Satellite imagery makes publicly available information about the disputed islands and rocks in the Spratlys. It can also shape the scope of the debate.
By Youna Lyons
TO WHAT extent do the Spratlys comprise features that qualify to be islands or rocks under international law and therefore subject to appropriation? Satellite imagery of geographical features in the sea offers a greater degree of visual clarity of what an island or rock may look like and of their location relative to each other.
Distinguishing islands and rocks
To qualify as an island or a rock under international law a feature, which is surrounded by water, must be a naturally formed area of land and above water at high tide. These two conditions are cumulative and both can be usefully informed by satellite imagery.
With respect to the second condition, a satellite image showing a vegetated feature will undoubtedly demonstrate that it remains above water at high tide as a feature submerged at high tide, even occasionally, cannot present terrestrial vegetation. However, if a satellite image shows a barren sand bar, cay or reef just above water, complementary information is necessary to determine whether this area of land is always above water or whether it is submerged at high tide.
If a feature is submerged at high tide and dries at low tide, it is a low tide elevation (not an island or a rock) and it cannot be appropriated. If it is located within 12 nautical miles of the coastline, it is deemed to be a part of that coastline. As a result, the 12 nautical miles territorial sea can be calculated from this low tide elevation instead of being calculated from the coastline.
The verification of whether a feature can qualify as a rock or an island also involves an examination of whether the feature in question is naturally formed or whether it is a man-made feature. In the latter situation two questions arise: was the feature built on a submerged feature or low tide elevation to extend vertically above water at high tide; or does the feature consist of land reclamation on a naturally formed area of land above water, even of a small size.
For this analysis satellite images will also be very informative. As an example, areas of land which have been reclaimed tend to exhibit noticeably different shapes than the rest of the feature. Similarly, coastal works designed to limit natural erosion are often visible.
A review of the features of the Spratlys (which are claimed by four to six claimants) would be particularly informative. Of the 130 or more features in the Spratlys, the various reports available relate that up to 25% to 30% of these features are above water at high tide.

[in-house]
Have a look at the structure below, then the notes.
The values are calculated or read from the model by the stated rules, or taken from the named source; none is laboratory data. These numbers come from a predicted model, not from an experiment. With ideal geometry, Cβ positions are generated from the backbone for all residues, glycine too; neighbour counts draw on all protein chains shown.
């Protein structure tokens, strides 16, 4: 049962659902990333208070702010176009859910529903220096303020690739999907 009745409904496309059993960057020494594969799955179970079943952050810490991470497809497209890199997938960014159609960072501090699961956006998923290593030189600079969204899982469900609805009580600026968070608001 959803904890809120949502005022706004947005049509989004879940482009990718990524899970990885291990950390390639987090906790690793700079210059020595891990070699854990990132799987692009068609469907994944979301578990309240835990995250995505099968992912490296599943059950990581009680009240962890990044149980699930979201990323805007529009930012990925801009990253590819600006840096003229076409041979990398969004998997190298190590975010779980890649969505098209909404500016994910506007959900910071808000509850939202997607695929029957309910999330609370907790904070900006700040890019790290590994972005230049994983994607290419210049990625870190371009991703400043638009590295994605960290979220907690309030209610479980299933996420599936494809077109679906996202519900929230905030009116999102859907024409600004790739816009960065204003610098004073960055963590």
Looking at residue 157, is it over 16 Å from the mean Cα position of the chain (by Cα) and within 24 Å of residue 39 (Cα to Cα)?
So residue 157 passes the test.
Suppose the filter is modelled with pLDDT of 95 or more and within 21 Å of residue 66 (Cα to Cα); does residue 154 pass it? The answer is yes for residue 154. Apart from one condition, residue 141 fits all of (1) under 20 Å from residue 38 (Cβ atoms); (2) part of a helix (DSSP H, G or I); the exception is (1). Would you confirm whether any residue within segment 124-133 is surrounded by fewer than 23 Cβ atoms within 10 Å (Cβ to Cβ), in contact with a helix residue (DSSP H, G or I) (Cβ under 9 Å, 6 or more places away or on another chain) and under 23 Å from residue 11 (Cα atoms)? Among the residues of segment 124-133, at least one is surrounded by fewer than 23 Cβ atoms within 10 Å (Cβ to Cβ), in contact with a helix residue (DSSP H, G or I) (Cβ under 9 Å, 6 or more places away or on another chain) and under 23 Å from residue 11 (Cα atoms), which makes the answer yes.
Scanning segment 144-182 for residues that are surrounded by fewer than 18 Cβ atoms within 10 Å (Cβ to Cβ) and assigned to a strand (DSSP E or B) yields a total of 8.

Google Earth further shows that the combined surface area of the 13 largest features in the Spratlys total less than two square kilometre of dry land. This is less than half of Sentosa Island, a small island attached to Singapore Island. The largest island of the Spratlys, Itu Aba, is itself less than half a square kilometre.
The greater part of all other features visible in Google Earth may uncover at low tide or remain always submerged. Some of these features also present man-made artificial structures, some of which rest on a small portion of a submerged feature or on a small area of reclaimed land.
Islands and rocks on atolls
Satellite images make it possible to zoom out from any given feature to the surrounding islands, reefs and low tide elevations. Such images clearly show that the Spratlys are not one archipelago but a collection of atolls located on seamounts. Many of the very small islands and rocks in the Spratlys were once part of a single atoll, the surrounding reef of which subsided over time. The now submerged parts of the atoll remain visible on satellite images if they have not subsided below 10 to 20 metres (depending on the satellite resolution and water clarity).
This raises the question whether these partly submerged atolls can still be treated as atolls and whether the inside lagoon can in some circumstances constitute internal waters of the State having sovereignty over the island on the atoll. Another question which arises is whether the outer side of the atoll ring can determine the baseline of the territorial sea or whether each rock or island in the atoll should have its own baseline and territorial sea. Where the atoll is mostly submerged, it seems that the latter solution will be preferred.
Satellite imagery is, however, no panacea. It only contributes to the debate of what is a rock, what is an island and what is neither but may be a low tide elevation. Google Earth does not determine sovereignty over islands or rocks. It does not determine the extent of the maritime zone to which an island or rock may be entitled.
It may however, limit the temptation of claimants to make spurious allegations which could be disproved by a single Google Earth picture and thus call into question the credibility of the claim.
The writer is a Senior Research Analyst with the Centre for International Law, National University of Singapore. She contributed this article specially to RSIS Commentaries, a publication of the S. Rajaratnam School of International Studies (RSIS), Nanyang Technological University.